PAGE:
As some of my classmates have mentioned, I was initially interested in taking a sociology course. Being a psychology major and having done extensive work in social psych, I assumed I already knew everything I needed. I think I may have been unsure about what sociology actually meant, and did not think it would be applicable to my career path.
During the course, I was pleasantly surprised. While there was a lot of reading, a lot of it was really interesting stuff that I would have never been exposed to in other classes. Most of the things we learned can be applied to a vast number of professions in the medical field, and I often found myself thinking about it in specific terms of clinical psychology. I definitely became a lot more educated on the structure (or lack of structure) of the health care system in both the U.S. and in other countries. Though I am not headed to medical school, I enjoyed learning about the hidden curriculum and other aspects of medical education that I was not familiar with. Being a psych major, my favorite conversations were definitely those about stigma and mental health issues.
In closing, I enjoyed the course a lot more than I was expecting to. I learned a lot and I think the course is a valuable one for anyone planning to work in the medical field.
Coming into this course I was under the impression that I had a decent amount of knowledge on the current state of our healthcare system….boy, was I wrong. Can we even call what we have right now a healthcare system? When I think of a healthcare system I think of a system that focuses primarily on providing affordable and easily accessible healthcare. Instead, our healthcare system places great emphasis on making money wherever it can, allowing the patient’s (consumer’s?) health to come second. What puzzles me the most is knowing that having somewhat an ideal system is achievable. If Canada, Germany and Great Britain can then why can’t we?
The most shocking issue that we covered was end-of-life care. I never realized the amount of mistreatment and just lack of care the elderly experience. Throughout the time spent on this topic, I found myself questioning whether or not my own relatives had encountered the harsh treatment experienced in these facilities. This course touched upon a great deal of topics that had never crossed my mind. Learning about the effects of SES on healthcare was pretty eye opening as well. I think it should be a mandatory course for anyone considering a career in healthcare. Most universities emphasize the science component behind this field but it goes beyond that. Maybe this is why we see such a great deal of disconnect between a patient and his doctor. I also believe that in order improve the field that you’re entering in, you should make yourself aware of the current issues at hand. My favorite component of the course was discussion. Although information from lecture was often reiterated, your enthusiasm for the content was refreshing and helpful! This has been one of my favorite courses thus far at BU, and this is coming from someone who could not make it past 3 lectures of SO 100!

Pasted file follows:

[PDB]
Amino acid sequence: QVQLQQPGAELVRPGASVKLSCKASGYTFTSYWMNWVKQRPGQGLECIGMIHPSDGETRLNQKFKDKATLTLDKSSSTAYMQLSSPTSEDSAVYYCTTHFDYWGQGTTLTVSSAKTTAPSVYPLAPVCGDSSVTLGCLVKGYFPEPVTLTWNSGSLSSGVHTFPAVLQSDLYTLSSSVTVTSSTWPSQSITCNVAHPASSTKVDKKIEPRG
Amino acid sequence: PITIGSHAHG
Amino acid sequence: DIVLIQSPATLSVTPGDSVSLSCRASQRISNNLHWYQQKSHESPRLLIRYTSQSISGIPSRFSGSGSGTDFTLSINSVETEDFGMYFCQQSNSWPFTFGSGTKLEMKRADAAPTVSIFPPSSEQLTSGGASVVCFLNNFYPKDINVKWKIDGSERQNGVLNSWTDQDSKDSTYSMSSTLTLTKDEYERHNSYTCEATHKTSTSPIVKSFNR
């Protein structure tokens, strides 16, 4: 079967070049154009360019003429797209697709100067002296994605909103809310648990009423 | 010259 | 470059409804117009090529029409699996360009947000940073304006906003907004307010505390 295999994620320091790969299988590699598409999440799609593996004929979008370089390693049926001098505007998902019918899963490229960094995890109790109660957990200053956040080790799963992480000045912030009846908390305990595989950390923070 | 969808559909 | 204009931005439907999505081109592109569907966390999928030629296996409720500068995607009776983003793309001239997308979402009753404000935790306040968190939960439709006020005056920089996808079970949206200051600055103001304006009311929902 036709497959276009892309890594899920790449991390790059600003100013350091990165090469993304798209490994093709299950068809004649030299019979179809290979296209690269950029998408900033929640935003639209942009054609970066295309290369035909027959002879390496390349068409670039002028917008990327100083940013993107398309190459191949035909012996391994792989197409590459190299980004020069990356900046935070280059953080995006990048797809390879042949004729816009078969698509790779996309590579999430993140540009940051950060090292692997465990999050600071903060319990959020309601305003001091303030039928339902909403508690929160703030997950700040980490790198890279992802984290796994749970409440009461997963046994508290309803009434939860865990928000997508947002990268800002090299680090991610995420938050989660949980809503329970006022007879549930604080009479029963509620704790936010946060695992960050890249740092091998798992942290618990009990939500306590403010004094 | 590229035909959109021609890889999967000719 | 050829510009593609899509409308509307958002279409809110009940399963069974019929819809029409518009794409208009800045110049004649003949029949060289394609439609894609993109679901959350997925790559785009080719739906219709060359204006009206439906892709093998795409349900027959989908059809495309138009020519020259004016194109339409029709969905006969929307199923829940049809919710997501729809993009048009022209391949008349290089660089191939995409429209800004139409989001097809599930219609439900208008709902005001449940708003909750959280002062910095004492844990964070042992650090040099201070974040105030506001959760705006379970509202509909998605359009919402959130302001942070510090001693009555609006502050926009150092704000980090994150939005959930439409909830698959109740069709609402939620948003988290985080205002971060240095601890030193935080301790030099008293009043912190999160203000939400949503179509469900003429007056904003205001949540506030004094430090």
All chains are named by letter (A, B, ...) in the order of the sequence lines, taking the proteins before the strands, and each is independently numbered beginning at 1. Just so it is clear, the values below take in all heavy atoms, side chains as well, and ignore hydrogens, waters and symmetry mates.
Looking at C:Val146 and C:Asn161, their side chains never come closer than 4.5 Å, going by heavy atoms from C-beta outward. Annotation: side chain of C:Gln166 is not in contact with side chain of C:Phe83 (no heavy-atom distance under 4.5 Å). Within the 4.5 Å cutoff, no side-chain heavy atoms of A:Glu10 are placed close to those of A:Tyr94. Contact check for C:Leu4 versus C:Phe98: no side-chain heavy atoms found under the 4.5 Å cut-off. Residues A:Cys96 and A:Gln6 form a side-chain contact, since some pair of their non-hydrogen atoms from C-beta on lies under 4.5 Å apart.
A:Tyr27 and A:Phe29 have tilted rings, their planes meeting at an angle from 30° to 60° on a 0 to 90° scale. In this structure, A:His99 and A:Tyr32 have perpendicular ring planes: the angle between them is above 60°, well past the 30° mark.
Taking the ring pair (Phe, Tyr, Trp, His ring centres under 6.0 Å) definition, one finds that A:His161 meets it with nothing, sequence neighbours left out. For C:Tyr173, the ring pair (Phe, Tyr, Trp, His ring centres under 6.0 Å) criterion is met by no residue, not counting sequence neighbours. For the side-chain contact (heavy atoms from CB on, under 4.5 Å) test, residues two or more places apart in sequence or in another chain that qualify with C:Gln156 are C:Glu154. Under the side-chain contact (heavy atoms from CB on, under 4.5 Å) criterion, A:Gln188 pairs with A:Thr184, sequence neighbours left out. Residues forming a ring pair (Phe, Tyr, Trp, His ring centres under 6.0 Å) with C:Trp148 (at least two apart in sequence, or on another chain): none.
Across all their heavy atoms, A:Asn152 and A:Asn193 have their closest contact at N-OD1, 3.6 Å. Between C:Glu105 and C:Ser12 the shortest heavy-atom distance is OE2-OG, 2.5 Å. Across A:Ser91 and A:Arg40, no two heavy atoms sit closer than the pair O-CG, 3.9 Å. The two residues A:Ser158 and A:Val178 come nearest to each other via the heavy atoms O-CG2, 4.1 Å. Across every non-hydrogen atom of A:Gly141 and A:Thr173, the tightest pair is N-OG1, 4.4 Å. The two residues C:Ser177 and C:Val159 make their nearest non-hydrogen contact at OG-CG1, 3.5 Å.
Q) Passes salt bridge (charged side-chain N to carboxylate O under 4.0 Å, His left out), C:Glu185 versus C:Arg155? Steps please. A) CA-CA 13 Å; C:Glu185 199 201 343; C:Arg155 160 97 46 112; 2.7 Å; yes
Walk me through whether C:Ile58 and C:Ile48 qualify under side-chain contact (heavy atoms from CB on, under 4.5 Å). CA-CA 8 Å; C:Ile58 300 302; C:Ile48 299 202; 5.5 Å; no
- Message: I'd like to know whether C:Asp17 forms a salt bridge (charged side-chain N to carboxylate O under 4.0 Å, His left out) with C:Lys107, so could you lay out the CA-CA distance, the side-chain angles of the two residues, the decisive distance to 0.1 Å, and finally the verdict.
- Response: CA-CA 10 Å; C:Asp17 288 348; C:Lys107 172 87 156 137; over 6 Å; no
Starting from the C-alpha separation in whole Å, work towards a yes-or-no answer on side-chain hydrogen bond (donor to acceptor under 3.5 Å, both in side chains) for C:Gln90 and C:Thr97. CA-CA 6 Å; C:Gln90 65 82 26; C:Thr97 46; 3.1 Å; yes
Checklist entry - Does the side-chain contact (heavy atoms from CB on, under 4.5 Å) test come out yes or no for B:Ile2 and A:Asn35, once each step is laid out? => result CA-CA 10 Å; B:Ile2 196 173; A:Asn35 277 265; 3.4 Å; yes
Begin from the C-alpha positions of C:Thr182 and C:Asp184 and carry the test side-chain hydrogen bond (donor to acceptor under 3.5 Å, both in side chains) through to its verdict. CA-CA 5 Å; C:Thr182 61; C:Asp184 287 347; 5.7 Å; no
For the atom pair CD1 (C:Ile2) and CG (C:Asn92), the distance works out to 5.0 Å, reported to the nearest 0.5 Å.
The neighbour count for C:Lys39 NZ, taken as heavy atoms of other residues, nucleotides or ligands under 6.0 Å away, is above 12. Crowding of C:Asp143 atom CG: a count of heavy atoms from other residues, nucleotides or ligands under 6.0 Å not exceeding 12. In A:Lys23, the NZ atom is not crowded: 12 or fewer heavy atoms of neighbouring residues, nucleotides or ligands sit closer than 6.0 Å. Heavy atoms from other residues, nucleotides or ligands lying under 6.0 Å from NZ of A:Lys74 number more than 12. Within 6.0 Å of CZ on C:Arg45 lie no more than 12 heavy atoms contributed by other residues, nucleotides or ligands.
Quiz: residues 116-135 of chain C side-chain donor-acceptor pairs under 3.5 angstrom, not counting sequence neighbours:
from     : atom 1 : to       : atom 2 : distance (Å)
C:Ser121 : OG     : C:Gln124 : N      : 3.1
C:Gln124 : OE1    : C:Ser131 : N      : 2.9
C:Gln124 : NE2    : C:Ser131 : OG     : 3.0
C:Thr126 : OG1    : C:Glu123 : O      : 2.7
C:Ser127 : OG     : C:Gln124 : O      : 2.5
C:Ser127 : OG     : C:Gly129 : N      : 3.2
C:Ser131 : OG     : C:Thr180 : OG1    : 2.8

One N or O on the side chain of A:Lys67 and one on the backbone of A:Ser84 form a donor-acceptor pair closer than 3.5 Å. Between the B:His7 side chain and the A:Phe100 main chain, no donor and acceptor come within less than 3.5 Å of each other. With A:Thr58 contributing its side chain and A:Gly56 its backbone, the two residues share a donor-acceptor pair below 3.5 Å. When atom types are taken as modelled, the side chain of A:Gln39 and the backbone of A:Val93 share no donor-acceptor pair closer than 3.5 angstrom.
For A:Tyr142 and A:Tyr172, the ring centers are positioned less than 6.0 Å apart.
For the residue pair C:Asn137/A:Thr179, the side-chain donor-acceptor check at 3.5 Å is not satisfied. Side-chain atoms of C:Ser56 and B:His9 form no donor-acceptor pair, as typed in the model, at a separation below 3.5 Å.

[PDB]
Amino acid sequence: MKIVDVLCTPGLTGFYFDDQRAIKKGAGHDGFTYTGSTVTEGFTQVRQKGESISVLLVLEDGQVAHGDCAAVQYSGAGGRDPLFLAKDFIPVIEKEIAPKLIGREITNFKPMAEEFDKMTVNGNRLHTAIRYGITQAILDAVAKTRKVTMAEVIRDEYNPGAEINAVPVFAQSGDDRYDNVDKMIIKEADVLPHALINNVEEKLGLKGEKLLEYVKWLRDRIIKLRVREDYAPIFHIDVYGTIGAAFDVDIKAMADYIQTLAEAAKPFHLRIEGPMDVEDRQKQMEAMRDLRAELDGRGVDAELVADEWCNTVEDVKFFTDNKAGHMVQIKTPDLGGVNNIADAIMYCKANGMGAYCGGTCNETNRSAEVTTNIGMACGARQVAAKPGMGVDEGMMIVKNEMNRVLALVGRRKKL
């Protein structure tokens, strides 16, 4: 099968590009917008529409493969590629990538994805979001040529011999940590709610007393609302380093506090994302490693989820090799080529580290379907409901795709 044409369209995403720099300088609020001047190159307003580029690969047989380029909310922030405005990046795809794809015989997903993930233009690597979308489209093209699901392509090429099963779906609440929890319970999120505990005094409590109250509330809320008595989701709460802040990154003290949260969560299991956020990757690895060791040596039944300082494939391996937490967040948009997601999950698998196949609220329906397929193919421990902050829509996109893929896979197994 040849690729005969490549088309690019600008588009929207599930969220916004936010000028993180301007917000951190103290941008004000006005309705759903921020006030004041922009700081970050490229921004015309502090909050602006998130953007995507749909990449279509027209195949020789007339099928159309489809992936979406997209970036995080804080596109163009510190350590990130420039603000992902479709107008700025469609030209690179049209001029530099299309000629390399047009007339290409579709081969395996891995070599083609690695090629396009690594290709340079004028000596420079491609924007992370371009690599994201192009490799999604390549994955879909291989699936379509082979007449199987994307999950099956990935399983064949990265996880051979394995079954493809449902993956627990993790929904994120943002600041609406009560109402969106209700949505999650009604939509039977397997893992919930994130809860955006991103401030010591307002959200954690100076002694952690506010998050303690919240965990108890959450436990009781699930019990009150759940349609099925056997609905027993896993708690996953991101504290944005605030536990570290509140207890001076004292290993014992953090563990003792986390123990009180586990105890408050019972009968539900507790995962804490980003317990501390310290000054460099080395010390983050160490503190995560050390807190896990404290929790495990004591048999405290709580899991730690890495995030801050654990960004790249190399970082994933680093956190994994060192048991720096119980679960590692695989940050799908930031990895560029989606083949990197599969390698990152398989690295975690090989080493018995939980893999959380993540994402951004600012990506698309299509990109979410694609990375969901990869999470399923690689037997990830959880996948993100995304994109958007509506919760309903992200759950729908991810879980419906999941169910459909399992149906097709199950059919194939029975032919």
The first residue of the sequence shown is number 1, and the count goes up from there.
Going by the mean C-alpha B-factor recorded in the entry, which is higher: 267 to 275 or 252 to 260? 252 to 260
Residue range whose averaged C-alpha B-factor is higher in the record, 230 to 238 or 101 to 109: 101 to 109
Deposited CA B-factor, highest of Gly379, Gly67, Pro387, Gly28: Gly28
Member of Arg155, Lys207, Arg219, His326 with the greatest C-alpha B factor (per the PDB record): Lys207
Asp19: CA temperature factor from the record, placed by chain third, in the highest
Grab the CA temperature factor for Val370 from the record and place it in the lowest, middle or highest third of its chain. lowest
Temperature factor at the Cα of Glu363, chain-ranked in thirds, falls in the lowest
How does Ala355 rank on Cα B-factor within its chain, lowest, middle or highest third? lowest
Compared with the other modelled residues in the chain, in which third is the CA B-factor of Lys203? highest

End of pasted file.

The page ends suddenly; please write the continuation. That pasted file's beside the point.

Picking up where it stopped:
Looking back on this semester, I can safely say that this class has pleasantly surprised me. To be honest, I was not looking forward to taking a sociology class because of the daunting amount of reading and writing, something I thought I’d be done with after freshman year writing classes. It’s hard for me to think abstractly about themes and ideas and I would much rather write a scientific article than an essay. However, the topics discussed in this class have been so fascinating to me that I actually enjoy reading and writing about them.
This class especially has given me a critical eye on medical school. I have always thought of hospitals as such magnificent places where some of the smartest people in the world work. Medical school has always seemed like the place to be, and it has been my dream to attend medical school and then one day work in a hospital. Because of the competitiveness and high standards of medical school applications, I have always had the utmost respect for medical students. However, after learning about the hidden curriculum and the socialized dominance of medical students and professionals, I see them all in a new light. I wonder if being a doctor will really allow me to help individuals as much as other professions do. I have definitely reconsidered my decision to attend medical school. There are so many other medical professions and settings that would be just as rewarding as being a hospital doctor. I have a friend who is a nursing major at Northeastern and she is only a sophomore but has already taken classes that are directly applicable to the hospital setting. If we were both thrown into a medical situation she would know exactly what to do in the moment, and the most I could offer would be some basic biology facts. It really is interesting to compare different health professions, especially how they are socialized and taught in school. This class has guided me to rethink my career choices by taking a critical approach to the medical world.
At the beginning of the semester, I was not very excited to be taking a sociology class, to be completely honest. For starters, I wasn’t completely sure what sociology was. The study of society just did not seem appealing to me, and it definitely didn’t seem like something I wanted to spend time learning about. Many upperclassmen scared me off from taking sociology 101 because they told me it was very mundane and even boring, especially if taken right after psychology 101. Their warnings are what brought me to this class, the sociology of healthcare. I was cautious at first, expecting class to be tedious.
However, I quickly learned that although maybe sociology isn’t the most riveting subject for some people, it is fascinating to me. Continue reading “Reflecting on the Semester”